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Texas A&M-Kingsville faculty member receives funding from USDA to study SARS-CoV-2 in wild, domestic animals

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Leaders of the Pack

Leaders of the Pack

KINGSVILLE (September 13, 2023) — Dr. Richard Laughlin, associate professor and chair of the biological and health sciences department, recently received $2.4 million in federal funding from the United States Department of Agriculture’s Animal and Plant Health Inspection Service (USDA APHIS) for Surveillance of SARS-CoV-2 in Wild and Domestic Animal Populations in Central and South Texas.


Coronaviruses, like SARS-CoV-2, have been documented in domestic animals, companion animals and wildlife, Laughlin said. “A wide range of mammals are known reservoirs for coronaviruses. The virus can persist in these animals, causing little to no symptoms. In rare cases, there can be a ‘spillover event’ where the virus is able to jump to a new host species. The SARS-CoV-2 virus that caused the pandemic in humans has been detected in several companion, domestic and wild animals.


“It is unclear what other species-domestic, companion or wild-might be susceptible to infection with SARS-CoV-2. Additionally, there is limited data on the prevalence of the virus in most animal populations,” Laughlin added.


Laughlin proposes to test as many different types of mammals as possible. “We have assembled a first-rate team of researchers from Texas A&M-Kingsville: specialists in molecular biology, wildlife biology, veterinary medicine, animal science and wildlife epidemiology to tackle this challenge. We will be reaching out to local veterinary practices, animal shelters and the community for the opportunity to test companion animals,” he said.


“We have identified about 65 different wildlife species in Central and South Texas to sample. The list ranges from field mice and bats, to raccoons and opossum, to white-tailed deer and javelina. We also have identified a number of locations-urban, suburban and rural-to conduct our surveys.


“Beyond looking for the SARS-CoV-2 virus, we will sequence the gene of the host receptor, ACE2, which is used by the virus to enter the cell. This data will be used to analyze the host-pathogen interaction and identify potentially susceptible animals to SARS-CoV-2 infection,” Laughlin said. “Many of our target animals have never been studied in this way, so we believe we can add a great deal of information to the scientific discussion.”


He said the animals that are used for this study will be swabbed, much like humans were swabbed during the pandemic, with the swabs studied in the lab. Some of the animals will be given a small tracking device called a PIT tag to identify those previously captured in future surveillance efforts.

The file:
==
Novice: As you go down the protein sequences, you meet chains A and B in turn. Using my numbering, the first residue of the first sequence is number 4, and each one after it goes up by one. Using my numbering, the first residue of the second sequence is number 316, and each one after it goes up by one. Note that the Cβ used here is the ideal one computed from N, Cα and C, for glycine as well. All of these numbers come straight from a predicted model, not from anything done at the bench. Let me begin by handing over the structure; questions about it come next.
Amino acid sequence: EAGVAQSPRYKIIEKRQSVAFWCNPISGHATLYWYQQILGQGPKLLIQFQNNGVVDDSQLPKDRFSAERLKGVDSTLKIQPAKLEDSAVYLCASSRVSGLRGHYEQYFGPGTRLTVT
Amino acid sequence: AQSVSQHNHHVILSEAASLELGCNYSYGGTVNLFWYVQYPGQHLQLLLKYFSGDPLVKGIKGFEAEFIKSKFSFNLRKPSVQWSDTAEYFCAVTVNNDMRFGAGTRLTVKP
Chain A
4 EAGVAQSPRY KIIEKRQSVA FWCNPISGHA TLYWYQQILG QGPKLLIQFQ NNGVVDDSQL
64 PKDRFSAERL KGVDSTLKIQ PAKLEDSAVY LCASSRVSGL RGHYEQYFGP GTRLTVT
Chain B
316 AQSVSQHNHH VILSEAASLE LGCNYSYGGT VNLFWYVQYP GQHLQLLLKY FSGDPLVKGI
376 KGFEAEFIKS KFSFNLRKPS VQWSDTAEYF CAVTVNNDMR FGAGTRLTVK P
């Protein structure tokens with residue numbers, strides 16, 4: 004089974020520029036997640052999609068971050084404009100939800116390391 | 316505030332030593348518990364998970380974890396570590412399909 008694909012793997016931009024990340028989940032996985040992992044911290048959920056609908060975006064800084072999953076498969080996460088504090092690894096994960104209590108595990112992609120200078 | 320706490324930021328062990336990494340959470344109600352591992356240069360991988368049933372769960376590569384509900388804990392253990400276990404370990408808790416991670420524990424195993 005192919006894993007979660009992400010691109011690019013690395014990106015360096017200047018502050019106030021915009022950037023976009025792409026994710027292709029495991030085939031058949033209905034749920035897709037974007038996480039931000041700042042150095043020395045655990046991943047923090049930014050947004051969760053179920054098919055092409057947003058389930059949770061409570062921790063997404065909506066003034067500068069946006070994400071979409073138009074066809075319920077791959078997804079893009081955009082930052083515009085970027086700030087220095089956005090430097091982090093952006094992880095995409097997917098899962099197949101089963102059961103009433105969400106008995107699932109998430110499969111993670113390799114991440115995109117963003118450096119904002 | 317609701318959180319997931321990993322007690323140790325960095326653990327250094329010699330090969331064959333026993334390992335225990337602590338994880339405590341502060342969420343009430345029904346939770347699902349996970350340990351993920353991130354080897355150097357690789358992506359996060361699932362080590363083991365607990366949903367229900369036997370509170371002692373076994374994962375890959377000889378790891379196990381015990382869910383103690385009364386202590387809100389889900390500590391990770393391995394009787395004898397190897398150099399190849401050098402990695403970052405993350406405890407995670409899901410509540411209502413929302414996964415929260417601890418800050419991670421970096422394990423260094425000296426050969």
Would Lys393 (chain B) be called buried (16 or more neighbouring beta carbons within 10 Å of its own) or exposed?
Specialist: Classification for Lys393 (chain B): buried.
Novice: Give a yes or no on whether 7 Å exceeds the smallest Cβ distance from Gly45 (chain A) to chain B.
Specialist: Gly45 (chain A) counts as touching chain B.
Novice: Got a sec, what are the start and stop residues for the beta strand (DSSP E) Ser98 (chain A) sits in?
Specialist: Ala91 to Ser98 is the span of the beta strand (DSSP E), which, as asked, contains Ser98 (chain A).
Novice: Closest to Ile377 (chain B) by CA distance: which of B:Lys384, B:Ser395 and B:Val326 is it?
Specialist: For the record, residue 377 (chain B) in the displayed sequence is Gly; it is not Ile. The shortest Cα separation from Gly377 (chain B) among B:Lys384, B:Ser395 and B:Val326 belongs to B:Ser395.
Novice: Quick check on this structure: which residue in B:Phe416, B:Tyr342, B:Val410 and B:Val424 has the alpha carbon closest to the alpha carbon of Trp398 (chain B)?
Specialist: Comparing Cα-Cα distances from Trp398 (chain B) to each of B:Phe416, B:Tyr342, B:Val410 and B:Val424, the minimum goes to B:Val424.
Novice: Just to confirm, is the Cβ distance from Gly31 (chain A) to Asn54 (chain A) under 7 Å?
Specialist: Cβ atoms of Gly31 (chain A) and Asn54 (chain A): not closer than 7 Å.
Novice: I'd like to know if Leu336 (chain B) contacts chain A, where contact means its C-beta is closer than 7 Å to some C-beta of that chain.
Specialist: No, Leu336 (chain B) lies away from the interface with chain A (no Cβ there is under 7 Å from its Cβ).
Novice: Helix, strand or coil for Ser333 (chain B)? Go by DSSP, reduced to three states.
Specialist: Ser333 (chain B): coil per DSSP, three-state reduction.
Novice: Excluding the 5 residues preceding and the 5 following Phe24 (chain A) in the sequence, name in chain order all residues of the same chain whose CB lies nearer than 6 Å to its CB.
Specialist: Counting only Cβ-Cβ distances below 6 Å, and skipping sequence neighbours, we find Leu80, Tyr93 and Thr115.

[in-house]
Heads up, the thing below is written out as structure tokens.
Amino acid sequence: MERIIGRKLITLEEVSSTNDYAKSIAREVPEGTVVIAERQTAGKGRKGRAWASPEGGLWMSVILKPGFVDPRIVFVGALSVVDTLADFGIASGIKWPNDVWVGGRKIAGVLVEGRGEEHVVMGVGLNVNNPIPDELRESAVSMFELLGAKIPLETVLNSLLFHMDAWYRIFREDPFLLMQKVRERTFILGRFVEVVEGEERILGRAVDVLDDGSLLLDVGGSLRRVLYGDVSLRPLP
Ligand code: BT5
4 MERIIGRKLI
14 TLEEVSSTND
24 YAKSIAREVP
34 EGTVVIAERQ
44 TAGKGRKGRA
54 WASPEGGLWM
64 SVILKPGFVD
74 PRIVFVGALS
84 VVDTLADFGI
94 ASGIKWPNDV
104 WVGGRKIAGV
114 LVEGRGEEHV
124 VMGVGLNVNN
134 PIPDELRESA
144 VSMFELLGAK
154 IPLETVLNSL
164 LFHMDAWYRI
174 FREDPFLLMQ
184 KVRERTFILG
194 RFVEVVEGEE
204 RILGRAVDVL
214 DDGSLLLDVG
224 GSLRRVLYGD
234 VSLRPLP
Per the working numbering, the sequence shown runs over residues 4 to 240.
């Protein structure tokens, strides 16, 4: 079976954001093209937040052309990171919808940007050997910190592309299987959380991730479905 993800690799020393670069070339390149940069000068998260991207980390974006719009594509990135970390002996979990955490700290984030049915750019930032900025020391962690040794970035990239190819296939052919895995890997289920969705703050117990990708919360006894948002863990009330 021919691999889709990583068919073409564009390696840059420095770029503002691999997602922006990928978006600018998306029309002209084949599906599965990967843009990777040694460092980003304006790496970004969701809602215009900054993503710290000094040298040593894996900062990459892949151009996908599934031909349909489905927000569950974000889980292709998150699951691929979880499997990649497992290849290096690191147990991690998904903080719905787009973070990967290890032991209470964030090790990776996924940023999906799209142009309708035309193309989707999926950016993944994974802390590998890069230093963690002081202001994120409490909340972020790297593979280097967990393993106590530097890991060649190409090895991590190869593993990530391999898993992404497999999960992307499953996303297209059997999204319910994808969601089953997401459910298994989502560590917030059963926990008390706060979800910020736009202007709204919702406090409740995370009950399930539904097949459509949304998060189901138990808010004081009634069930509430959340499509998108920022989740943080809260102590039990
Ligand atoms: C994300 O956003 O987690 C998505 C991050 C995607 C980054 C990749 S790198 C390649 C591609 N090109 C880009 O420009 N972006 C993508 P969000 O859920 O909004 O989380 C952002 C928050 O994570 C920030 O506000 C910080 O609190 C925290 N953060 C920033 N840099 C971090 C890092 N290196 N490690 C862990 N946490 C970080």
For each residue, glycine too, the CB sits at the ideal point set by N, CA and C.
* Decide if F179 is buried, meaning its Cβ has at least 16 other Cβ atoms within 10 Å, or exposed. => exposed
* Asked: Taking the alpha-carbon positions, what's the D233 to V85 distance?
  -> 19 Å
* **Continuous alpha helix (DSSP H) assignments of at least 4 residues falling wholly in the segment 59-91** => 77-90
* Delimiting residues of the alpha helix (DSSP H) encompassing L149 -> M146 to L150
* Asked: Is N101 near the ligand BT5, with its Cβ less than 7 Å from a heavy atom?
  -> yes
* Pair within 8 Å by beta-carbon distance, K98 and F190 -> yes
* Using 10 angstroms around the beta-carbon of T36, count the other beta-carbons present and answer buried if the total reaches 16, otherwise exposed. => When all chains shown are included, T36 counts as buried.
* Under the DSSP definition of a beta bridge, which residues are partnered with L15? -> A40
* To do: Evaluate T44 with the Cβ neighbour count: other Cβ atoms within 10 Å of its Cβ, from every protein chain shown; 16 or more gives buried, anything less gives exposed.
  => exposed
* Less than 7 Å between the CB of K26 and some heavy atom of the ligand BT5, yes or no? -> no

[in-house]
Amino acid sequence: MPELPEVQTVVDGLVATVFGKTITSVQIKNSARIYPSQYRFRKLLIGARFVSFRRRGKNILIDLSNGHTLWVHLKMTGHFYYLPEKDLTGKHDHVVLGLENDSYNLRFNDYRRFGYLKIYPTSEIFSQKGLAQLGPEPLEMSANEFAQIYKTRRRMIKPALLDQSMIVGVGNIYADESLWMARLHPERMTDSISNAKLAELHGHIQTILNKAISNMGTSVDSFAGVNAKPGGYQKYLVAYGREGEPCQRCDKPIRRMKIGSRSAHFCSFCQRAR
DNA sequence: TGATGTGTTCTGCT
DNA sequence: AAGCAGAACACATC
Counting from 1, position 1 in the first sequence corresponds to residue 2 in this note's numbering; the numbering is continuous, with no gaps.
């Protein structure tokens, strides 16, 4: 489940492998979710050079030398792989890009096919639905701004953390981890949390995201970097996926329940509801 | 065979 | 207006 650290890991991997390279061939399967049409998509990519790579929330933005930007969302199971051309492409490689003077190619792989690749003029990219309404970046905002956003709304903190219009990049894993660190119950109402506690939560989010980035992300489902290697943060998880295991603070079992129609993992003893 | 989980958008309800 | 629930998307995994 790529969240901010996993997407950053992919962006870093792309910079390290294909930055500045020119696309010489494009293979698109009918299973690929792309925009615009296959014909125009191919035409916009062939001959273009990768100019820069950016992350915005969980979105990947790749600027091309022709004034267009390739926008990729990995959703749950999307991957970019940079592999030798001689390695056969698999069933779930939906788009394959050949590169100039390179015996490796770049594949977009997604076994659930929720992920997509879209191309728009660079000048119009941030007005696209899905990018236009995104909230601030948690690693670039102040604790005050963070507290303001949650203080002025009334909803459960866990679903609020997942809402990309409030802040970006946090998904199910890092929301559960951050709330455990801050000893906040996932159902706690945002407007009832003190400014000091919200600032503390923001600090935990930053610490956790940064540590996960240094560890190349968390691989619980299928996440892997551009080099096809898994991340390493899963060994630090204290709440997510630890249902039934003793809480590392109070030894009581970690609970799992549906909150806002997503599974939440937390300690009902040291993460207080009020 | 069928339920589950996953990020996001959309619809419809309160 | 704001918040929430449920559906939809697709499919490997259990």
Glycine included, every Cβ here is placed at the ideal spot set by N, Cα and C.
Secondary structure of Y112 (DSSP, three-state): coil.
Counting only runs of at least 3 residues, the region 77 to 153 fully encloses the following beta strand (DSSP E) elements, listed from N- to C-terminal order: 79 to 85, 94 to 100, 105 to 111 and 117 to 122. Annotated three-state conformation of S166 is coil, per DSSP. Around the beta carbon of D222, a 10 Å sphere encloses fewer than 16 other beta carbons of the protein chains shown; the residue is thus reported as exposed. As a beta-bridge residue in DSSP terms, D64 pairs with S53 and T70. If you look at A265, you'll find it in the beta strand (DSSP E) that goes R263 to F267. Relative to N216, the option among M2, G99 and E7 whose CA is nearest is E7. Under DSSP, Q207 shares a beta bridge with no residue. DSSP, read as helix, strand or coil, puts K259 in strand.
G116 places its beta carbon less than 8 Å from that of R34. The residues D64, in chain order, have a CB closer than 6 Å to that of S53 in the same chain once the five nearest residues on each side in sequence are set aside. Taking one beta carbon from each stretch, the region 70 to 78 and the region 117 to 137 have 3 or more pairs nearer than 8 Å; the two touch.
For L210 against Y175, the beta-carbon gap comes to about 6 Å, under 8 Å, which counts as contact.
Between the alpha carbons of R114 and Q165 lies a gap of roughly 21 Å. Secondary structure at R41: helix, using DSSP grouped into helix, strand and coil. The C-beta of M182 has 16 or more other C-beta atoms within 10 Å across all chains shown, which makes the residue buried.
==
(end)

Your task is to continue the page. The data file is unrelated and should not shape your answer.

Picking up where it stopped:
“It is important to understand the broader landscape of zoonotic disease and what animals may be potential reservoirs for SARS-CoV-2. With better data, we will be able to respond more precisely to future disease outbreaks,” Laughlin said. “We know many mammal species were susceptible to infection from SARS-CoV-2 positive humans during the pandemic. There are isolated cases during the pandemic where SARS-CoV-2 is suspected to have infected humans from animal sources.


“A main purpose of our funding is to fill in some of the gaps in knowledge about the biology and immunology of mammals potentially susceptible to infection,” he said.


“We are greatly interested in adding to the knowledge of the scientific community for the distribution and susceptibility of SARS-CoV-2 across mammalian populations in Central and South Texas. This will serve as a launching point to build collaborations for larger research projects for Texas A&M-Kingsville to provide experience for our students and serve South Texas,” Laughlin said.


Funding is for two years in 2023 and 2024 with an additional year that is unfunded, he said. Funding will provide for the hiring of a postdoctoral scientist, lab manager and graduate students with a stipend for undergraduate students. Laughlin said they will hire three to five graduate students and up to 10 undergrads each semester.


“We have designed this grant to not only do cutting-edge science, but to also give our students the opportunity to participate in research and gain important lab experience.”


Other members of the grant team are co-investigators Dr. Clayton Hilton, professor and Jo and Bruce Gunn Endowed Director of Veterinary Technology; and Dr. Scott Henke, Regent’s Professor in the rangeland and wildlife sciences department; and collaborators Dr. Jason Apple, Professor, department of Animal Science and Veterinary Technology; Dr. Alynn Martin, assistant professor in the Caesar Kleberg Wildlife Research Institute; and Dr. Kyle Shaney, assistant professor in the biological and health sciences department.



Category: Ag/Env & Wildlife Sci , General Univ , Arts/Sciences

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